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Busting Vegas: A True Story of Monumental Excess, Sex, Love, Violence, and Beating the Odds Paperback – August 22, 2006
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Mezrich, the author of previous bestsellers about MIT gamblers and a colorful Ivy League trader in Japan, tells how Dukach's crew used a system that Vegas had never seen before. Dukach, the son of Russian immigrants who grew up in the poorest neighborhoods of New Jersey and Houston, was determined to climb out of poverty and help his family. His system didn't involve the commonly used techniques of card counting. Posing as an arms dealer or dentist, Dukach deliberately sought out blackjack dealers with small hands or thin fingers who frequently didn't conceal the bottom card when they shuffled the cards. Dukach would often manage to get a glimpse at the bottom card. This was highly significant because it was the card the dealer would hand the player to cut the deck. Dukach had practiced a technique to insert the card in a precise spot in the deck and then make big bets when the card was dealt. Dukach and his team ended up barred from casinos, threatened at gunpoint, and beaten in Vegas's notorious back rooms. This is a riveting yarn. Alex Roslin --This text refers to the Preloaded Digital Audio Player edition.
About the Author
Ben Mezrich graduated magna cum laude from Harvard in 1991. He has published twelve books, including the New York Times bestsellers The Accidental Billionaires, which was adapted into the Academy Award-winning film The Social Network, and Bringing Down the House, which has sold more than 1.5 million copies in twelve languages and became the basis for the Kevin Spacey movie 21. Mezrich has also published the national bestsellers Sex on the Moon, Ugly Americans, Rigged, and Busting Vegas. He lives in Boston.
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Top Customer Reviews
These blackjack techniques (or scams, depending on your point of view) involve as much math as they do shuffle-watching and precise card-cutting. It's a marriage of the intense math required for card counting and the near-impossible perfect moves required in a roulette or craps scam. Complete control of an entire table by the team is required, so that a known card can be directed to hit on the appropriate hand. No random players can be sitting at the table taking cards out of the shuffle.
As with the other MIT scam, the players have to take on fake identities. In this scam, however, it is essential that everyone be a big roller, a "whale." Just watching the insane Russian arms dealer, trust-fund brat, and European rock star characters these guys take around the Strip is entertaining.
Is Mezrich's account to be taken as the literal truth? Of course not! Names have been changed and the story has been spiced up to read like a Grisham novel. Semyon Dukatch himself has said that the story captures the "essense" of his experience. This isn't meant to be 100% truth, and it would probably be a heck of a lot more dry reading if someone had told every literal fact from start to finish.Read more ›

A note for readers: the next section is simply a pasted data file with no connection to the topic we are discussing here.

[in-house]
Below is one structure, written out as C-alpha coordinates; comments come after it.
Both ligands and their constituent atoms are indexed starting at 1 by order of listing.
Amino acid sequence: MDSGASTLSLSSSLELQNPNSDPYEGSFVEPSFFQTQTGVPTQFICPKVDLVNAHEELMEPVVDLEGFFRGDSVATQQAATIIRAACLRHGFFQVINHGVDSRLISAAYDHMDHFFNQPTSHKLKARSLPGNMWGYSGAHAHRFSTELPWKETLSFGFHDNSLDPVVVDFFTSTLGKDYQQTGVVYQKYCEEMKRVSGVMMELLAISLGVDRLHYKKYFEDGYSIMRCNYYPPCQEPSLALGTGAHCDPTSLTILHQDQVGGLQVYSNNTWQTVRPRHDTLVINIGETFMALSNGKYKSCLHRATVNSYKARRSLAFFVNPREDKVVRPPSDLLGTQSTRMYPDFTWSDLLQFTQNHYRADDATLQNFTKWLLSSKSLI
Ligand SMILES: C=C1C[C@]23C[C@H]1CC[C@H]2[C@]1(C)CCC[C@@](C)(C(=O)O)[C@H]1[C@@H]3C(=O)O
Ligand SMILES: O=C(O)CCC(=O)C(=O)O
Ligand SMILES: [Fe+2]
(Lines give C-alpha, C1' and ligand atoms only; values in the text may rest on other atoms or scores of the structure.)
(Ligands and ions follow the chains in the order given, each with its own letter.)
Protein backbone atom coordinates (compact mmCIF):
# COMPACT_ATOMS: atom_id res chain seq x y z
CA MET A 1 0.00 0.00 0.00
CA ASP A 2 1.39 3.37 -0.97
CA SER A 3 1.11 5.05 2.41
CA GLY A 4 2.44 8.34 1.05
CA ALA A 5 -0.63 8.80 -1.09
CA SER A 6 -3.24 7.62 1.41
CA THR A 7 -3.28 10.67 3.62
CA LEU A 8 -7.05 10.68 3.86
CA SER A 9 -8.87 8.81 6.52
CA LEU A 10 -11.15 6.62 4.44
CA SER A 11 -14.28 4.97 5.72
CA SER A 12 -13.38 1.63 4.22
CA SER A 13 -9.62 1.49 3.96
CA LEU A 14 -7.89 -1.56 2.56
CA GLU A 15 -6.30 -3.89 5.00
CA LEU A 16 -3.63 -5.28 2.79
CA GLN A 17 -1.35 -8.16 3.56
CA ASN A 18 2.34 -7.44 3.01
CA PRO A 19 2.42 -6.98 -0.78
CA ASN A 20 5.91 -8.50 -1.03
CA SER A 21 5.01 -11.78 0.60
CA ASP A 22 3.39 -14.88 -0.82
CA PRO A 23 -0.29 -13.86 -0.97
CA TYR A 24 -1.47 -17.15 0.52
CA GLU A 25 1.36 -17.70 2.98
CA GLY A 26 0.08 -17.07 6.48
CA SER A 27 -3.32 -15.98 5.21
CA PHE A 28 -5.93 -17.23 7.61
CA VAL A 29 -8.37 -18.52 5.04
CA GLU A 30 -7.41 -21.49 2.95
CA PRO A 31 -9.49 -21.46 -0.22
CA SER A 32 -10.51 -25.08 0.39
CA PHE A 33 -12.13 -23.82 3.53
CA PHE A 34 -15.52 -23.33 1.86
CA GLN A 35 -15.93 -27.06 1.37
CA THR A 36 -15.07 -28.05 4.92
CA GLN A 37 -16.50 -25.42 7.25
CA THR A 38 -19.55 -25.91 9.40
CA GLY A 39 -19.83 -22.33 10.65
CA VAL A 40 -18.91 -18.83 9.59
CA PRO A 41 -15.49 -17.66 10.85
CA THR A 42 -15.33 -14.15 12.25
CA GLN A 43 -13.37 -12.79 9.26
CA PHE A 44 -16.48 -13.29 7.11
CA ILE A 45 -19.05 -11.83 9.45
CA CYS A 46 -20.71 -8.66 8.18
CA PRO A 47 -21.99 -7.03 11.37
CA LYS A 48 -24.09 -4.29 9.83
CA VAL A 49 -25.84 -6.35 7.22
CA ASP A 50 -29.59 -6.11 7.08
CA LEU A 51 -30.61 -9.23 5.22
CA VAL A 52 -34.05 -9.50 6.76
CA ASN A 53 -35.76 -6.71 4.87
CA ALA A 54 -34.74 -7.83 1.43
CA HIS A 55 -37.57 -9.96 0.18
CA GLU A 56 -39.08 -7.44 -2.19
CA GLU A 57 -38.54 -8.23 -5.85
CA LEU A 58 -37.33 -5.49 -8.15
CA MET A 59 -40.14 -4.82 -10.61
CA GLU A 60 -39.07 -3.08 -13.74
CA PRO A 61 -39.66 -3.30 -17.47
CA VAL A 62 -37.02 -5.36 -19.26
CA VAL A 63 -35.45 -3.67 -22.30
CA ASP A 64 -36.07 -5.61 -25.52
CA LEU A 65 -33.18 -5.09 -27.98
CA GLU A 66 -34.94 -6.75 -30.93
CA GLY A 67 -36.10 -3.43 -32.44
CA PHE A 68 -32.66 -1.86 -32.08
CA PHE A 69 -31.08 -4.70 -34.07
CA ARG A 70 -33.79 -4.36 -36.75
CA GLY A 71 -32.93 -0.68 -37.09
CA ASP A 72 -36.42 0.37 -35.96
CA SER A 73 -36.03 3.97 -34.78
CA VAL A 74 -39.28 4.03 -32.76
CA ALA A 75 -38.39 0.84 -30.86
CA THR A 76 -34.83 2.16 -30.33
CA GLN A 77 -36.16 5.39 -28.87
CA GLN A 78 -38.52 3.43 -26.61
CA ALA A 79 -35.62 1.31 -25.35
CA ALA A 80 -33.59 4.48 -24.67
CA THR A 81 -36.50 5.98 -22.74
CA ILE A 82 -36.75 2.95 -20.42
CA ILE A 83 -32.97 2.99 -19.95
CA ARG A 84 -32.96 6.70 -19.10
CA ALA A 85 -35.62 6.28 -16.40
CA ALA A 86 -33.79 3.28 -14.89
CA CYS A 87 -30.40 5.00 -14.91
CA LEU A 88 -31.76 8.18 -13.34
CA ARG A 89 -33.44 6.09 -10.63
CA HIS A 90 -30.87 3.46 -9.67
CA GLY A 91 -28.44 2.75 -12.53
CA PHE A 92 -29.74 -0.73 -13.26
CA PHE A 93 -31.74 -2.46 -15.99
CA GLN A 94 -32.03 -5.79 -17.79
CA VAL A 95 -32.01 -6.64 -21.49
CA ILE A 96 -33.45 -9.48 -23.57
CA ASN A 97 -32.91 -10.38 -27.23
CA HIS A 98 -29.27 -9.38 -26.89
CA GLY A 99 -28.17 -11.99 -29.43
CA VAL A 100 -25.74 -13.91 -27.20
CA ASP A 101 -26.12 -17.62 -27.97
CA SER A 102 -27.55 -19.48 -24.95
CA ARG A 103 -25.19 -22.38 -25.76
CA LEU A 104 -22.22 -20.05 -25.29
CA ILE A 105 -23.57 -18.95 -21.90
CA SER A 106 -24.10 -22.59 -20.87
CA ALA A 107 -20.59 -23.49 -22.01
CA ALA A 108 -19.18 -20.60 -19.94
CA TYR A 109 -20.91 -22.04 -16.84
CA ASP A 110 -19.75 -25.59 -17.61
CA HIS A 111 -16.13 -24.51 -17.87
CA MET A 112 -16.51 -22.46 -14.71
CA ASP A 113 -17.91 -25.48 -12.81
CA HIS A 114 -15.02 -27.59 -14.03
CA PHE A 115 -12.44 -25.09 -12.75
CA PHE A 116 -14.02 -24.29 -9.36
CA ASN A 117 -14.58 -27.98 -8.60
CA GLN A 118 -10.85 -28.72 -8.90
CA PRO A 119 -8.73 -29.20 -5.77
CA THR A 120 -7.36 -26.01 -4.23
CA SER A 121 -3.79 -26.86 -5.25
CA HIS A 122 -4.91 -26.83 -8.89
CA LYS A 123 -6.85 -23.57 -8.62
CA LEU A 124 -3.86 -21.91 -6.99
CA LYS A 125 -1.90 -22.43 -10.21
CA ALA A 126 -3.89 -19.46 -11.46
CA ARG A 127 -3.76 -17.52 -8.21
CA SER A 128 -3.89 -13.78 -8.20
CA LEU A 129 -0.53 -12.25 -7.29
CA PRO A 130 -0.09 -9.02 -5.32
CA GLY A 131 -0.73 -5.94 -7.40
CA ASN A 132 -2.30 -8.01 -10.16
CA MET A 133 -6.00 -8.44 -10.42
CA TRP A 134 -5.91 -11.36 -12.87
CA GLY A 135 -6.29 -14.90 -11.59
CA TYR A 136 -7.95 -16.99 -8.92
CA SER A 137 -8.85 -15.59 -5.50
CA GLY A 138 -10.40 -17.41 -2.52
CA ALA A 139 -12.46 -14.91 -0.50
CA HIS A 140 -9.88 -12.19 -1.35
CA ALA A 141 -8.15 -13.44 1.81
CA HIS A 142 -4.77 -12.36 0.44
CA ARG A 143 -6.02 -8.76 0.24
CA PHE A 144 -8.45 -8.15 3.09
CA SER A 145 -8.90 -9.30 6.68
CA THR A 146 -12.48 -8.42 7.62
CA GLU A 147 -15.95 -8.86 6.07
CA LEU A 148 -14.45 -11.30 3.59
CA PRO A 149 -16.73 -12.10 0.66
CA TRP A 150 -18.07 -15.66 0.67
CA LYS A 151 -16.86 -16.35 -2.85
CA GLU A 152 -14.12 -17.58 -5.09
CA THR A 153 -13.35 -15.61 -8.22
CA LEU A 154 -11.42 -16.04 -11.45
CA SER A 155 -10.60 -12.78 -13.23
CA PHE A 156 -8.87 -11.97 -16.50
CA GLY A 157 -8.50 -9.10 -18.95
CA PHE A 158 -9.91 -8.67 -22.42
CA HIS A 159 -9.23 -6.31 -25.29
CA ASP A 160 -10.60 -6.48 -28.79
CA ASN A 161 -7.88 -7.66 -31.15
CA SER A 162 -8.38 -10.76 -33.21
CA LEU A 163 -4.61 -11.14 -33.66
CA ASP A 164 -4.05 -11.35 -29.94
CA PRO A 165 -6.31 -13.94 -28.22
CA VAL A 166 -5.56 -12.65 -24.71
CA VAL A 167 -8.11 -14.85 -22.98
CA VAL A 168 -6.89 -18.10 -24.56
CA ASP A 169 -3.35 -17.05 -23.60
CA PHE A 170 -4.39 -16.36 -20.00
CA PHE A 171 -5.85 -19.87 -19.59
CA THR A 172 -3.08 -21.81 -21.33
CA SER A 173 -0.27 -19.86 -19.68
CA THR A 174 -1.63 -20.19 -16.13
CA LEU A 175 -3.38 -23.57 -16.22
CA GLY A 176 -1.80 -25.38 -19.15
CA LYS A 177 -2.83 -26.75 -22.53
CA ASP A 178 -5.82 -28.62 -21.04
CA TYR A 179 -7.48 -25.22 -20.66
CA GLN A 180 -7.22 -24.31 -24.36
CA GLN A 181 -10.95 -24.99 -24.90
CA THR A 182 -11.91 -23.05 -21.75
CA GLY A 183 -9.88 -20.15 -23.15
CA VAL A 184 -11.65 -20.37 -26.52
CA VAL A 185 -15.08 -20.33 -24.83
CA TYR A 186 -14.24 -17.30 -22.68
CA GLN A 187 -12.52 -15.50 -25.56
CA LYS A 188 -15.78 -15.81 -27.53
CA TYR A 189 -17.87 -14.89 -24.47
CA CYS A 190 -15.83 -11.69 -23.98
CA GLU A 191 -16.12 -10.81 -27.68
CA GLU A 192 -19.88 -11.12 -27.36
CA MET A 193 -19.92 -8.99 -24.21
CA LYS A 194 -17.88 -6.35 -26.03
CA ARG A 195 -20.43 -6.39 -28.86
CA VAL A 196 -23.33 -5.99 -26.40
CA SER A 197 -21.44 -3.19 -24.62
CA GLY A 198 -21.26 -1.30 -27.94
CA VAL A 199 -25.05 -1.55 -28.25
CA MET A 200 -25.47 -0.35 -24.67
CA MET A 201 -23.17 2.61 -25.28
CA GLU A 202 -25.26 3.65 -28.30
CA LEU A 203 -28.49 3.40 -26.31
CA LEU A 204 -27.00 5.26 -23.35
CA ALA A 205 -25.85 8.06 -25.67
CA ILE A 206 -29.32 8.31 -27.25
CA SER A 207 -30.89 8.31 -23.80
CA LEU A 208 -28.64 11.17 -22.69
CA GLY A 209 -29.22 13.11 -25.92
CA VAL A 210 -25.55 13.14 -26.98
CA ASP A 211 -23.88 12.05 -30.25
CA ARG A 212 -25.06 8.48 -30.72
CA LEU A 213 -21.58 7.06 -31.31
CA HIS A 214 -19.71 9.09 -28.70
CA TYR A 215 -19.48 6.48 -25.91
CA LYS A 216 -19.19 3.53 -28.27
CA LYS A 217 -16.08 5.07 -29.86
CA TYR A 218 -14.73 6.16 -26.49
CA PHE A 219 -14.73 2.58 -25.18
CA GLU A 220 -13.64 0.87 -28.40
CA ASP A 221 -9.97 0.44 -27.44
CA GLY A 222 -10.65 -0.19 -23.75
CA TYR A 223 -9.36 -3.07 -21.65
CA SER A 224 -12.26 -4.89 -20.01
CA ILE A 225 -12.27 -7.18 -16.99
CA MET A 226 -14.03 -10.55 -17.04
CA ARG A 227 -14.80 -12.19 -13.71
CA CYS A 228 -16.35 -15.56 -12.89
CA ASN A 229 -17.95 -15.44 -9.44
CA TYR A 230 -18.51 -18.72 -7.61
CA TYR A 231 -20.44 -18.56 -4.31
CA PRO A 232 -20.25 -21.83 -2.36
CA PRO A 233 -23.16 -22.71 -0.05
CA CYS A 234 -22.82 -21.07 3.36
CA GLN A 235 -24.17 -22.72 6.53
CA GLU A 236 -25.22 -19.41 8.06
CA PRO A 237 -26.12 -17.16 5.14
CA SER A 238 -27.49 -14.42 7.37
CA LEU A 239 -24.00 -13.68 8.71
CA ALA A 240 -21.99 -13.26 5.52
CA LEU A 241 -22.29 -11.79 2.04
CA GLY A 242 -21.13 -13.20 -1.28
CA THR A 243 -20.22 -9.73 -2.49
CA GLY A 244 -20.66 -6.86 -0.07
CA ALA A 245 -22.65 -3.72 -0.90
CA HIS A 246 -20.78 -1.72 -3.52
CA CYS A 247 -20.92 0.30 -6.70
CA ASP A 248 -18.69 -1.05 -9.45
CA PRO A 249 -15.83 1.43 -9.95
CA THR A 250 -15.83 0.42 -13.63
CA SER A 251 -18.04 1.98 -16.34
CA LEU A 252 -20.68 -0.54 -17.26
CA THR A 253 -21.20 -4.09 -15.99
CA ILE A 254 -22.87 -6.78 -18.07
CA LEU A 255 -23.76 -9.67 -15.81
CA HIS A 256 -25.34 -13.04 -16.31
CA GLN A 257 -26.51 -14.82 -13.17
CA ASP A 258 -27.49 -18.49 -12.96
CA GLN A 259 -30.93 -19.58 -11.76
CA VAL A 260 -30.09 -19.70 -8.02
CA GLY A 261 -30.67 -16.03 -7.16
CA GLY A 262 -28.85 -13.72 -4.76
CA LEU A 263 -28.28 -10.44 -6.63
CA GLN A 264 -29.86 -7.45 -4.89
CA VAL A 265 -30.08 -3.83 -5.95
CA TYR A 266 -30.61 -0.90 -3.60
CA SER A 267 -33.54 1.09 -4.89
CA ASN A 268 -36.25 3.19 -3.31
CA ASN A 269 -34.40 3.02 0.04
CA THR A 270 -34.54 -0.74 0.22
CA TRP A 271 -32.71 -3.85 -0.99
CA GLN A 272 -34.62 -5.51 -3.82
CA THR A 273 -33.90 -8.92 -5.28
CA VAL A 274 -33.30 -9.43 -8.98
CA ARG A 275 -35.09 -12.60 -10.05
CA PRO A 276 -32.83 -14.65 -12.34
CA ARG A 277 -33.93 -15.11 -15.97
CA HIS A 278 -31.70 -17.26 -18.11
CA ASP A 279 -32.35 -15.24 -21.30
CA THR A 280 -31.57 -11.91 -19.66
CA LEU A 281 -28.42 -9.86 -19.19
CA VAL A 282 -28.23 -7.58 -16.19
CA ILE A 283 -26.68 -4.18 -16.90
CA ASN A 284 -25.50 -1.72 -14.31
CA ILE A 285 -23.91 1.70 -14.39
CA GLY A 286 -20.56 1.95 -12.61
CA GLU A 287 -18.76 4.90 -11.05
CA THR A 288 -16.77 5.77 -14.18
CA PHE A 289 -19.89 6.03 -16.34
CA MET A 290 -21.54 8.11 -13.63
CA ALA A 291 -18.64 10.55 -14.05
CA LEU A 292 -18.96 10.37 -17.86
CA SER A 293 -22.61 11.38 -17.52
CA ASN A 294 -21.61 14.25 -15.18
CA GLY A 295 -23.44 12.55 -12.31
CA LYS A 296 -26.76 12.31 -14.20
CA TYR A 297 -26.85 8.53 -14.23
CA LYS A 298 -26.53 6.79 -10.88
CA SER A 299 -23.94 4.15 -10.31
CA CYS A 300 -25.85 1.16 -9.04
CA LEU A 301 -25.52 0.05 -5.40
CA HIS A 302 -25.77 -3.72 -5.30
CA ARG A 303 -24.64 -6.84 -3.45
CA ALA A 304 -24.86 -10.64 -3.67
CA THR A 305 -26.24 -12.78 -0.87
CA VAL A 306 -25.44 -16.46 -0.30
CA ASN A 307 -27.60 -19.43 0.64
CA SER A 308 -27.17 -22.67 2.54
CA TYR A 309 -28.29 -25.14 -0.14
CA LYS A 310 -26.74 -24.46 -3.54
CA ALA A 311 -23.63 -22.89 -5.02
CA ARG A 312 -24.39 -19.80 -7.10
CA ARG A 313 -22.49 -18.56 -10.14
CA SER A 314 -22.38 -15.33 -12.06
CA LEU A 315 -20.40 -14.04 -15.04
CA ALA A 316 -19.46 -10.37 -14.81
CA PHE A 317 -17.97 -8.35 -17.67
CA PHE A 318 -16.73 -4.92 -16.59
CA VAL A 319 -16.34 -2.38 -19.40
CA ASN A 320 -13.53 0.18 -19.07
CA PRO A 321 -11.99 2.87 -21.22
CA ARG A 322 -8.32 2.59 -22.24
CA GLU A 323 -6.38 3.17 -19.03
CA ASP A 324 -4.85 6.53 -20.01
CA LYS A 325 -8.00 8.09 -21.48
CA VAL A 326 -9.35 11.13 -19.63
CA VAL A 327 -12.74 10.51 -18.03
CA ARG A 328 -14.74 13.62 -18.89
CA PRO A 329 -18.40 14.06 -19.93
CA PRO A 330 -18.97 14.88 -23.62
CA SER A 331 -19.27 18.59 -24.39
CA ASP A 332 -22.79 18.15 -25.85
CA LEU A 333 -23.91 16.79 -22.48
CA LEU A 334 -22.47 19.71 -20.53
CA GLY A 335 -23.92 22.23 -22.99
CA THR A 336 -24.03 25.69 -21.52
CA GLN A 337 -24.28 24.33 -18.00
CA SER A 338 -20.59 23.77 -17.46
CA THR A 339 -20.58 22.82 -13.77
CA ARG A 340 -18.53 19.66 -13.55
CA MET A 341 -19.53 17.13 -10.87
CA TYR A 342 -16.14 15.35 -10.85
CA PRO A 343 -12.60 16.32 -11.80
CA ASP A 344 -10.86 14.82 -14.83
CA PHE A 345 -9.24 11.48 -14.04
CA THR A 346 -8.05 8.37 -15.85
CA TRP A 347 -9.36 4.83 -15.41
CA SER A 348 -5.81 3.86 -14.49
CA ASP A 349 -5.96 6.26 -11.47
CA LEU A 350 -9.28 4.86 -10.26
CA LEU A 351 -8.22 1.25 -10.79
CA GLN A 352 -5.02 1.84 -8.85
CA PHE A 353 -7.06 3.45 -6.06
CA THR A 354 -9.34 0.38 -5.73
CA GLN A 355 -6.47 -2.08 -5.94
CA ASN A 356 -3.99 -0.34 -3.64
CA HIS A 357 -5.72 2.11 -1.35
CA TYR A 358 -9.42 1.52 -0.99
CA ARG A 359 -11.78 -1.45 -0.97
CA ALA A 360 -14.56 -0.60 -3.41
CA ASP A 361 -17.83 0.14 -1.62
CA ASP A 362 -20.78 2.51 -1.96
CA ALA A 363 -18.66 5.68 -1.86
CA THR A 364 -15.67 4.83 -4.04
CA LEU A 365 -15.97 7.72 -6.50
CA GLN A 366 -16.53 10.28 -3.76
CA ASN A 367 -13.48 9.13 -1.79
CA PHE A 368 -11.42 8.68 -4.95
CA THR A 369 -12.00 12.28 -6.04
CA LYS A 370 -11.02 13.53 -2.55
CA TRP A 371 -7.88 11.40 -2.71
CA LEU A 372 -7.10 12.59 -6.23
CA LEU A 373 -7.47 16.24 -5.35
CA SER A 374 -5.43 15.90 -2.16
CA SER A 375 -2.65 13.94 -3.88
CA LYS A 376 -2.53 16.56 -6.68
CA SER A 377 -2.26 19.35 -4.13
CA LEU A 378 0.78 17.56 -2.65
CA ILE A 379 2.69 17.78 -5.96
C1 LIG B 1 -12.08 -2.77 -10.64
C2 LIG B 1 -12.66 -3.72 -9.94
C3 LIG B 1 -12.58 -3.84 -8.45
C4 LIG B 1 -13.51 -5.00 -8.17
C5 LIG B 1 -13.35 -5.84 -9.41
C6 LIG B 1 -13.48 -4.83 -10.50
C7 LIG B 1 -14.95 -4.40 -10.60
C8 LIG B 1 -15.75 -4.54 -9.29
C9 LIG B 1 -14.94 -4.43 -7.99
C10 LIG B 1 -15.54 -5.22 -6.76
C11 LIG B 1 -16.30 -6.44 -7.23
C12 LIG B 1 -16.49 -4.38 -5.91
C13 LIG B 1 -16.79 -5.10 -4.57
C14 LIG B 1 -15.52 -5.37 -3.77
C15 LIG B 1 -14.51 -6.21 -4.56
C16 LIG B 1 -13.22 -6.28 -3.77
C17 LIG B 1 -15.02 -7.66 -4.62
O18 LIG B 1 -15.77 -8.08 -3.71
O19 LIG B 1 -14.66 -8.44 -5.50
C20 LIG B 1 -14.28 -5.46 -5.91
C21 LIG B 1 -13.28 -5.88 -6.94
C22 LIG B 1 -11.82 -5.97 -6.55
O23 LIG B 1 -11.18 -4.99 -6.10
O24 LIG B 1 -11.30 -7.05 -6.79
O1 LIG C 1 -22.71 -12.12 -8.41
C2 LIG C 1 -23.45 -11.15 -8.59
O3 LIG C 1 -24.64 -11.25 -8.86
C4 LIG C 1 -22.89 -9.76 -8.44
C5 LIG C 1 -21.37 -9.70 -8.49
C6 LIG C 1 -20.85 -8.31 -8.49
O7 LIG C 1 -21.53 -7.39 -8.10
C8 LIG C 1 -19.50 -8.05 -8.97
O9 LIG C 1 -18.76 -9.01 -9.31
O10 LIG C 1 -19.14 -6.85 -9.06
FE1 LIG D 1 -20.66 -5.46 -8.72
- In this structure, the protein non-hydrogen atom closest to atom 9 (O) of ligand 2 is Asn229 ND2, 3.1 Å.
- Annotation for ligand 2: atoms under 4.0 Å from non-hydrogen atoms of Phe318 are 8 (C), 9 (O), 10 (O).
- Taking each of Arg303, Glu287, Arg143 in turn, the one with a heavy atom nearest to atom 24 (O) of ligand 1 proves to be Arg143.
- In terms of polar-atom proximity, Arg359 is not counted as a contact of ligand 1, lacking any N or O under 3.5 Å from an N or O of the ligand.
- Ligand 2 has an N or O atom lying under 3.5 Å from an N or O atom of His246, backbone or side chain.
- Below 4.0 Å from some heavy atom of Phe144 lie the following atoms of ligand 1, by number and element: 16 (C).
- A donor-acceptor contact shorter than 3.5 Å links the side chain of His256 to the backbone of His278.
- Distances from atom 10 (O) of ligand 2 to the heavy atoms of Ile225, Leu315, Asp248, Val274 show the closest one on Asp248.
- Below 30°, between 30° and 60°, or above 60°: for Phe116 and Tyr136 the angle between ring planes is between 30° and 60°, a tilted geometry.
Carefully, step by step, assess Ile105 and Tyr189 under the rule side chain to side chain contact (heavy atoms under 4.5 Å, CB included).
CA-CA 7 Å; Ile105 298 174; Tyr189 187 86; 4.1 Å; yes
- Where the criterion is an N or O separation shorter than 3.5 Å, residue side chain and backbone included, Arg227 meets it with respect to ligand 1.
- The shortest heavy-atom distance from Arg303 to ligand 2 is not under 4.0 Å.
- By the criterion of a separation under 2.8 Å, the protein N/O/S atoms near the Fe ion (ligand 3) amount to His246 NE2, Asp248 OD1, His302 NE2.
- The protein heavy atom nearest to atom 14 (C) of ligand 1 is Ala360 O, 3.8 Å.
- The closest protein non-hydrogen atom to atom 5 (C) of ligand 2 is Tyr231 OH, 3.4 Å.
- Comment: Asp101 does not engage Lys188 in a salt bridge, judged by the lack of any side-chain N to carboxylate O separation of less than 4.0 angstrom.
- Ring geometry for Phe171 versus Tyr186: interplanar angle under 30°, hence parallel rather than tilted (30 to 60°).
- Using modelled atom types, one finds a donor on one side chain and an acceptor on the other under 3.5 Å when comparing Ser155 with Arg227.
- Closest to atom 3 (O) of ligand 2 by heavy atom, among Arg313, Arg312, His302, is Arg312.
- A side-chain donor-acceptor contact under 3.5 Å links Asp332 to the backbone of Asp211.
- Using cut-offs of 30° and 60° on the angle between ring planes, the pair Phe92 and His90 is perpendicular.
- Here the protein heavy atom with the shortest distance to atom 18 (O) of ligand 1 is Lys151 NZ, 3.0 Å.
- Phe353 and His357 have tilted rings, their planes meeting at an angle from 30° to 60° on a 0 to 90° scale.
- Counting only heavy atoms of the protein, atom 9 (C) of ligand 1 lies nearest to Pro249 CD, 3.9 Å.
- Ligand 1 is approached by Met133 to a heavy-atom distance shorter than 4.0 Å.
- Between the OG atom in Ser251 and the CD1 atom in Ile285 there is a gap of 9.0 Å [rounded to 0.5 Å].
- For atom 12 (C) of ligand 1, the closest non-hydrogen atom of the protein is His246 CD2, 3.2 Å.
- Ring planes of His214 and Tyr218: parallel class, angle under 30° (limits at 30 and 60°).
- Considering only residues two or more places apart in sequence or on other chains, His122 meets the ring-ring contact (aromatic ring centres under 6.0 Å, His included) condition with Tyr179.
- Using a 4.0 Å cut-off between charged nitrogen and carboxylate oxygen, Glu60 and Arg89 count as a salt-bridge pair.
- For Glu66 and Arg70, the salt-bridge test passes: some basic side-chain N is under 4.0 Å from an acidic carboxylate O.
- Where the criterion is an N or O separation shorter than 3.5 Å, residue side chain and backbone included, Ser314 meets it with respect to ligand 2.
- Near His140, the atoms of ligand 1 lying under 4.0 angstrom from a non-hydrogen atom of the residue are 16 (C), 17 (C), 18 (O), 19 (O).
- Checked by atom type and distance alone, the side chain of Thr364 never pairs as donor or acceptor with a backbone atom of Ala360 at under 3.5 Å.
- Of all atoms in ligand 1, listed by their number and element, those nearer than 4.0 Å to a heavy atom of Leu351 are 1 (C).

Unfortunately, this book is so badly-written it's almost unbearable to read. I wasn't expecting great non-fiction, but this is *bad*. Here's an example: describing a "grueling" month of training the team goes through before hitting Vegas, we're told that the students made "biweekly" trips to a local casino. Really? Two whole trips isn't exactly "grueling" training. (Maybe the author meant "twice weekly"?) This is followed by "every ten days, the team endured 'checkouts'"--basically pop quizzes. Every *ten* days? So...that makes three times during this so-called intense month? This doesn't exactly paint a picture of the team grinding away in Boston in preparation for the big score, it sounds kinda like some kids playing cards every once in a while.
The whole book can't seem to strike the right tone of reality. This *is* a true story, but it isn't told straight. Details are needlessly specific (how many books on a bookcase, the color of a pair of shoes, how good a cup of tea is, and so on). But these are details that aren't just irrelevant to the story, but impossible to recall. It's clear that the author is simply filling in information here in hopes that it all seems more "real". Problem is, it's not possible to tell when these details *are* real, and so everything seems equally fake, and you end up wondering: when Owen was in that secret back room at the casino, did he really get beat up and handcuffed? Did the security team really threaten him like that? Or are those details just imagined, too? If this was pure fiction, it'd be ok, but in a supposedly non-fiction book, it feels mostly made-up.
Most Recent Customer Reviews
You don't read Ben Mezrich books for the fine literature. They are full of cliches and one liners. You read his books for the interesting stories that they contain. Read morePublished 6 months ago by Robert Sparrenberger
Very Entertaining. Didn't feel entirely authentic, but I couldn't put it down.Published 8 months ago by Joseph Sullivan
This book plays out the life of MIT's most famous Blackjack player and on the teams he's played. He is banned from basically every casino in the world. Read morePublished 9 months ago by Richard R.
Fun quick read, similar in pace and style to his other works. I highly recommend for your next flight to Vegas.Published 12 months ago by Adam Naddelman
another good book on the same subject by the author. Worth your timePublished 13 months ago by Sean Clark